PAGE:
First Night will no longer be the eve of the first day of basketball practice at UConn.
Yes, there will still be a First Night, with all its hype and pageantry for the men's and women's teams on Oct. 18, but by then the men will already have started practicing, thanks to new NCAA legislation.
"We'll have a chance for what we call 'brain food,'" coach Kevin Ollie said. "Where we can sit down and talk about the different things we want to do. We have a couple of new principles I want to put in place early."
Under the old rules, the men could start 30 days before the first game of the season, and have 24 practices, allowing for one day off a week.
Last spring, the NCAA Board of Directors considered a plan to extend it to 40 days. But with many teams, like UConn, beginning on Friday, Nov. 8, the first day a regular season game could be scheduled, that would have placed the first practice on a Sunday. So the final version gives coaches 42 days and 30 practices. UConn men can begin as early as this Friday, but are leaning toward starting Saturday.
The new rules will provide for more days off between practices, which could help keep players healthier — although players are likely to come to the gym on their own.
"That's a difference, though," said UConn senior Shabazz Napier, who has had foot problems the past two years. "When you come in on an off day, you're just sharpening up things you think you need to sharpen up. I think there will be less wear and tear on our bodies."
Coaches seem to have mixed feelings about the new practice format, as they experiment with ways to implement it. UConn has been considering a five-days-on, two-days-off schedule. At Quinnipiac, Tom Moore will start Sunday and is thinking of practicing four days the first week, then five days, then six.
"As we get closer to the season, we'd get into more of our normal routine," Moore said. "You don't want to put the pedal to the floor too early — you'll have too many guys in your doghouse by the time the season starts."
The women's coaches have had the option of starting 40 days before the first game for a few years, but UConn's Geno Auriemma, having won eight NCAA championships, has chosen to keep to the old routine and will, again, start practicing in mid-October.
"I guess I'm optimistic," Auriemma said. "I guess I'm thinking that our season is going to end in April so why start so early? That's just the way I've always thought and I am just a creature of habit. … That's not to say we won't do some things a little earlier than we have done in the past. But in terms of the beginning of practice, that middle of October date is a magical one for us. I know other people have gotten a head start by beginning a little earlier and I can see why they would do that. But right now, for us, with the fact that we have a smaller roster, I think staying with what we've done is our best option."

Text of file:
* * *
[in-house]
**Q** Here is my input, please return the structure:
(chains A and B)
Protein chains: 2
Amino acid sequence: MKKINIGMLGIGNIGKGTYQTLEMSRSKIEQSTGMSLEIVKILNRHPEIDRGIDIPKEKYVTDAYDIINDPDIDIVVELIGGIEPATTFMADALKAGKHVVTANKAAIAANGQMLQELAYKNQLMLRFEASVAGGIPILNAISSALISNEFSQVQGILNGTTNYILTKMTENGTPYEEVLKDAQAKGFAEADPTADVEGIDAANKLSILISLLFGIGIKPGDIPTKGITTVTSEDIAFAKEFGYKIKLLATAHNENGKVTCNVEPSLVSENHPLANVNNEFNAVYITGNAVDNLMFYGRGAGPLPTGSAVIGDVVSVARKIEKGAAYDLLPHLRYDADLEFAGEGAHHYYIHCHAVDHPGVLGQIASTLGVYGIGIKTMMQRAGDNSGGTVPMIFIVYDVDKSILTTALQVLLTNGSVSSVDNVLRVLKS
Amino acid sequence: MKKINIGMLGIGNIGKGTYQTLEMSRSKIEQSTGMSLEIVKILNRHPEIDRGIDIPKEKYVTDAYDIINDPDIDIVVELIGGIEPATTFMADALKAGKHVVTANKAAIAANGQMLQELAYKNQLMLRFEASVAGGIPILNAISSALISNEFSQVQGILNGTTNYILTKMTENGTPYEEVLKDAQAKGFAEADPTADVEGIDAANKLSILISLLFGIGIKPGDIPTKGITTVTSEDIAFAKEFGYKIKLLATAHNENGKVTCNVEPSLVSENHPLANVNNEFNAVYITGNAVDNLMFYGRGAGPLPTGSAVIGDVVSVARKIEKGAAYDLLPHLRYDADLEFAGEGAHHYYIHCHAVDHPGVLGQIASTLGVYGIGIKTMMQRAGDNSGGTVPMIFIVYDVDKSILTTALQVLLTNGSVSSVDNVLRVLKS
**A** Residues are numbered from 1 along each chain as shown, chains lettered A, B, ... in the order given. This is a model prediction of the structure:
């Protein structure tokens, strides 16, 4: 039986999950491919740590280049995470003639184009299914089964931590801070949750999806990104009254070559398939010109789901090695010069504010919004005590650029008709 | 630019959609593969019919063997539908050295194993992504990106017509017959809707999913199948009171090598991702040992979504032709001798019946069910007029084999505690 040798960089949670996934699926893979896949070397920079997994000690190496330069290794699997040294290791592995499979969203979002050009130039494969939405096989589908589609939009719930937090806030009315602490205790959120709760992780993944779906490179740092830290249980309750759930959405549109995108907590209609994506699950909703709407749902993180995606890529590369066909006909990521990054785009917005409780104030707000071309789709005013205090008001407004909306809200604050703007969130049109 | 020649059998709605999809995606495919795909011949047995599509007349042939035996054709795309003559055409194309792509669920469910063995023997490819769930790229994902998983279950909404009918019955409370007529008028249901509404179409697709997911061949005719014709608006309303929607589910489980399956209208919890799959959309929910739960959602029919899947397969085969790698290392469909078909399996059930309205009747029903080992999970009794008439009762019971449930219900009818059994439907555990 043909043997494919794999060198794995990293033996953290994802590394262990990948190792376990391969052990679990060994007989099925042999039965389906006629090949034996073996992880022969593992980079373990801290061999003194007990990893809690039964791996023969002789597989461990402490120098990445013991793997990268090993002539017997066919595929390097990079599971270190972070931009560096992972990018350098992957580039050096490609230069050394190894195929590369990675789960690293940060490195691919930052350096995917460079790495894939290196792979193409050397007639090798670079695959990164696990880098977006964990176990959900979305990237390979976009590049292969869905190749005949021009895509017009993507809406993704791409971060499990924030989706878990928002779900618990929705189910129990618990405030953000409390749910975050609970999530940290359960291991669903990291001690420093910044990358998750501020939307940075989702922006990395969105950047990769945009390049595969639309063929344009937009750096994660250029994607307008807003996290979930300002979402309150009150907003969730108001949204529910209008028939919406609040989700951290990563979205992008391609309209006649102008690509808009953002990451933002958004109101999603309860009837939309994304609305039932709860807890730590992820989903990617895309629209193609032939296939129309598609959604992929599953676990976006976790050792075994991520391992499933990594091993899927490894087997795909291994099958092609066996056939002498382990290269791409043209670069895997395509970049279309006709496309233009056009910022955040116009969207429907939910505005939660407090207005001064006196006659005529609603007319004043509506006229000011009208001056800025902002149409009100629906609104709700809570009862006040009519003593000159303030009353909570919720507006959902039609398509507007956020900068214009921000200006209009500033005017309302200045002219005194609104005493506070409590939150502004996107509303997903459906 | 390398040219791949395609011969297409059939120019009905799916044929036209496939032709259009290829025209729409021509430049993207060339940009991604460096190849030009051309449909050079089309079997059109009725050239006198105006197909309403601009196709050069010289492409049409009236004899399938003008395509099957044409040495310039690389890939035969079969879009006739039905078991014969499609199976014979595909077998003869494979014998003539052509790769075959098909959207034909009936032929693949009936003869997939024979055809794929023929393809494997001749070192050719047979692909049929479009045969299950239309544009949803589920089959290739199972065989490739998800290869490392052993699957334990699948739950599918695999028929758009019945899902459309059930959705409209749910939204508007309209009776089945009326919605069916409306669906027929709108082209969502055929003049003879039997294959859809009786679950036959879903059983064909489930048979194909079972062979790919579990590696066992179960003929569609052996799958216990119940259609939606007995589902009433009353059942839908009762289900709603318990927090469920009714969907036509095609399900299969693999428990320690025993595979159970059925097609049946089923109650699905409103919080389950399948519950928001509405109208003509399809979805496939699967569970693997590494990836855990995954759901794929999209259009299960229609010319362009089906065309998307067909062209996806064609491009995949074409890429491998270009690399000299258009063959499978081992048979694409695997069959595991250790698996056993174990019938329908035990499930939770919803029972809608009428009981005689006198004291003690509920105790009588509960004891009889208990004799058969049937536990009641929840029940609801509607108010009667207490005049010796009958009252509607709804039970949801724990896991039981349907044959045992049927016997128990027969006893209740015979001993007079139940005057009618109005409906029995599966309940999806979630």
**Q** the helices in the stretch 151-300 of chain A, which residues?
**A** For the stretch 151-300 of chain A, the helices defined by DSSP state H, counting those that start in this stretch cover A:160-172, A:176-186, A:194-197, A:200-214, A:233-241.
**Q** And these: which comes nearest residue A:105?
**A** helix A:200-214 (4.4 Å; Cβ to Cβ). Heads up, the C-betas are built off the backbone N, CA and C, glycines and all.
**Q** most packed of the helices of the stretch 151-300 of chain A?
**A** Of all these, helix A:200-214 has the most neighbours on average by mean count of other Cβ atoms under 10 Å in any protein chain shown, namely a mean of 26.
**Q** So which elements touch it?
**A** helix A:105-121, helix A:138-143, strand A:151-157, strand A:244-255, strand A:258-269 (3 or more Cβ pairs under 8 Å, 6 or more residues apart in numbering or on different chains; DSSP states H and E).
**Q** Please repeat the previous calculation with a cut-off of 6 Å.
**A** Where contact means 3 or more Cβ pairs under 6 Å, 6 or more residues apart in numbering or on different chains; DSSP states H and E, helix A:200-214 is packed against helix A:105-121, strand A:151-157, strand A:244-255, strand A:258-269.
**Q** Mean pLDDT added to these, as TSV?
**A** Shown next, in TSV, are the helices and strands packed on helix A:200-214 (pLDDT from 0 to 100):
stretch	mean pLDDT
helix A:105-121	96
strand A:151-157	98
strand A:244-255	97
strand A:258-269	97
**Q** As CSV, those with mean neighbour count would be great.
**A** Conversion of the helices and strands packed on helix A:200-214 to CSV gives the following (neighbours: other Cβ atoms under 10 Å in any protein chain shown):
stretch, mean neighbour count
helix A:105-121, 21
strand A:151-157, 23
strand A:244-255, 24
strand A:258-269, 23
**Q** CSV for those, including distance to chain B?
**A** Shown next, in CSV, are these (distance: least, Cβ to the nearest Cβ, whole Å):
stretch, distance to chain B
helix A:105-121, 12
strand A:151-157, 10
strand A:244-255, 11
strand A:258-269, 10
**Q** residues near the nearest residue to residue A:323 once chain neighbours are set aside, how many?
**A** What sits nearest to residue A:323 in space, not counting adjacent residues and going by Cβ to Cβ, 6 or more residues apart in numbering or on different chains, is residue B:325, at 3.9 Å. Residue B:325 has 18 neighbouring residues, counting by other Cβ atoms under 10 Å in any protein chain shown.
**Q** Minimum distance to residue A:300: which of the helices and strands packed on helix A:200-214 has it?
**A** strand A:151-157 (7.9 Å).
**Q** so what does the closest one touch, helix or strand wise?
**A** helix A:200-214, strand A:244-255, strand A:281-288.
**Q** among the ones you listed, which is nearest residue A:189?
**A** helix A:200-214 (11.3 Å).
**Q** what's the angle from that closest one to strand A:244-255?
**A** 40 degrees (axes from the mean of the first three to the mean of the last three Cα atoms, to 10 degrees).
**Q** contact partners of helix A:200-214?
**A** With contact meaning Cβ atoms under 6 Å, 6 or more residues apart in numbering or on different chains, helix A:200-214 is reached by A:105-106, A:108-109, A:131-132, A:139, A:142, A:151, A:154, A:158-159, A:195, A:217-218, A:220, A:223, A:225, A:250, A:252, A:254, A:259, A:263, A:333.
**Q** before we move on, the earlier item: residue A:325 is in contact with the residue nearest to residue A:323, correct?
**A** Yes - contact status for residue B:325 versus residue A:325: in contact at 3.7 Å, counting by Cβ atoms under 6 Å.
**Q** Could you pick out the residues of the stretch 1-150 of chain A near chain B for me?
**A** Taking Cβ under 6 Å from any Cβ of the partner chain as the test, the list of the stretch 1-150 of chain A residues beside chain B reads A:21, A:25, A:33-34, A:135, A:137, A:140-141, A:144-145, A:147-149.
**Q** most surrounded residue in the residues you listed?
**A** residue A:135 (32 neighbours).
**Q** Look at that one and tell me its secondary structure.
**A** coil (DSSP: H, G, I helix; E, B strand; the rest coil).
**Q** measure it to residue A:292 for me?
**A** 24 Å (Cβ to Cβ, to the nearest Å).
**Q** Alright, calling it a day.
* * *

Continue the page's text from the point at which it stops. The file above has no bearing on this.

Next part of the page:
The UConn men, who were 20-10 last season, dealt with a thin roster, but an NCAA sanction limiting practices turned out to be a benefit, Ollie says. They were allowed to practice five days a week, instead of six, and although the extra day off inhibited the coaches from practicing certain situational drills, the extra day off helped them survive the 30-game season as injuries mounted.
"If we had been [eligible] to play in the NCAA Tournament, we might not have had a team," guard Ryan Boatright said. "This is where the coaching comes in. Coach Ollie will have a plan that works best, he'll take care of us."
Normally, the first couple of weeks of October are times for players to play pick-up games without coaches' supervision. Now, that portion of the calendar figures to be more structured.
"I want to be the most conditioned team in America," Ollie said, "so there will be a lot of conditioning without the basketball. Guys don't like to hear that, but it's just getting back to basics and fundamentals so we can build on the great things we did last year."
Boatright thinks the new, extended practice schedule would be more beneficial for a younger team, where players could use the time to get to know each other. UConn has more juniors and seniors this year than most high-majors usually do, but bonding is always a work in progress.
"I think it will help," Napier said, "usually at the first practices, you're figuring things out, feeling each other out. You're not getting up and down the floor. Now, when we get to First Night we'll be able to get it going. We'll be able to get the chemistry right."
UConn coaches are in intensive meetings early this week, with the "Husky Run" set for Wednesday. Determining the most effective way to schedule the 42 days between Sept. 27 and the first game, against Maryland at the Barclays Center in Brooklyn on Nov. 8, will be a key item on the agenda.
"We are deeper with our guys than last year," Ollie said. "But it still allows us to get off our feet. We call it a down [time] or a recovery [time]. They'll be able to replenish their souls, their minds and their hearts, and we'll be making sure they're fresh. We want them, on Nov. 8, to be running on all cylinders. That's what we're looking at."Copyright © 2014, The Baltimore Sun